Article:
By Tim McNicholas

CHICAGO (CBS) — Blame COVID-19 for snuffing out so many dreams and happiness. But a suburban non-profit powered through and found a way to help many people take the dive, Literally.

Morning Insider Tim McNicholas reports on a much-delayed scuba trip and how COVID still managed to rear its ugly head.

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“I love that bright sun.”

This is a moment Chris Block dreamed of for two years. His first-time scuba diving since 2019.

“It’s my favorite thing to do,” he said.

He went on a trip to Mexico earlier this month with Diveheart -— a nonprofit that provides scuba diving experiences to people with disabilities.

Chris was paralyzed from the chest down five years ago in a bicycle accident.

“Helps me forget about my disability and helps me almost overcome it, nonexistent,” Block said.

But the pandemic caused murky waters for Diveheart. Founder Jim Elliott says they canceled 11 trips and 200 pool programs across the country.

“Because we have folks that have compromised immune systems and co-morbidities and we did not want anyone dying on our watch,” Elliott said.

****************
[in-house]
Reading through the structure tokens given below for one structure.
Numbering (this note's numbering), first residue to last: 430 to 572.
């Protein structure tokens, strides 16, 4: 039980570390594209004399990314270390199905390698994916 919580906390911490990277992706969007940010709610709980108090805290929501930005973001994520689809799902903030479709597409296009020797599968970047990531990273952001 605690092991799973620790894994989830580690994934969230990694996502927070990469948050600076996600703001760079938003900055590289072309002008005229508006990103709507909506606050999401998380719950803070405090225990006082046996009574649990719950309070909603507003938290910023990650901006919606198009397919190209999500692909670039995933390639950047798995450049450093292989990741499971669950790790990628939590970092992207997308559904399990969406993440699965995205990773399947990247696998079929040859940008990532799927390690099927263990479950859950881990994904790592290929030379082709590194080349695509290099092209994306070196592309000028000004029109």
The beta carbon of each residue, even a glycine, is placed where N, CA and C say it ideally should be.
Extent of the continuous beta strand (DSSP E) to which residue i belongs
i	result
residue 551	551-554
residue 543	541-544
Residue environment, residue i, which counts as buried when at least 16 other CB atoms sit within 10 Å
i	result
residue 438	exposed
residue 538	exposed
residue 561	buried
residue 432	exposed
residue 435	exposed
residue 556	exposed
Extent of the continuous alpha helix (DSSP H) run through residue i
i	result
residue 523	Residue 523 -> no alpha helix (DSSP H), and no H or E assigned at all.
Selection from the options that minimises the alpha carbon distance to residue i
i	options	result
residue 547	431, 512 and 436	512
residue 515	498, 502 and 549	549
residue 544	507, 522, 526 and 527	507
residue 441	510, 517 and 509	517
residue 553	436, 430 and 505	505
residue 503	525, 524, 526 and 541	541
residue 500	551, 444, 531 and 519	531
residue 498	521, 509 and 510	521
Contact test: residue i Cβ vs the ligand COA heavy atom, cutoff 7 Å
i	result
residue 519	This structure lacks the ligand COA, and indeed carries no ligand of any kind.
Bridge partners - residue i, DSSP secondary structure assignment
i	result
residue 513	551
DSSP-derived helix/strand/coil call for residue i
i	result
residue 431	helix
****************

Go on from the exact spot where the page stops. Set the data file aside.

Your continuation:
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Finally, with many in the Diveheart community vaccinated, the group decided to book a trip to Mexico.

Elliott says they added an extra boat and had to turn some people away to limit the group size — even though they were anxious to get back in the water after two years.

Tim: “Was it worth it?”

Jim: “Oh yea, I mean the smiles on their faces. Everyone is crying, hugging. So, it definitely, definitely was worth it.”

But even with those precautions, the trip was not without its hurdles. Of the 41 people on the trip, 8 wound up testing positive for COVID at the end.

Elliott says seven of them were volunteers, and thankfully all 8 had mild cases.

Block suspects the cases were mild because most were vaccinated.

“This was definitely a once in a lifetime opportunity that I would do again even with a couple of the people winding up testing positive for COVID,” Block said.

Now he’s back to daydreaming of the sunshine from Highland Park.

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Diveheart is raising money for future trips to get more people back in the water but they’re also keeping a close watch on COVID numbers. If there’s a surge at the wrong time, they might have to cancel yet again.

Tim McNicholas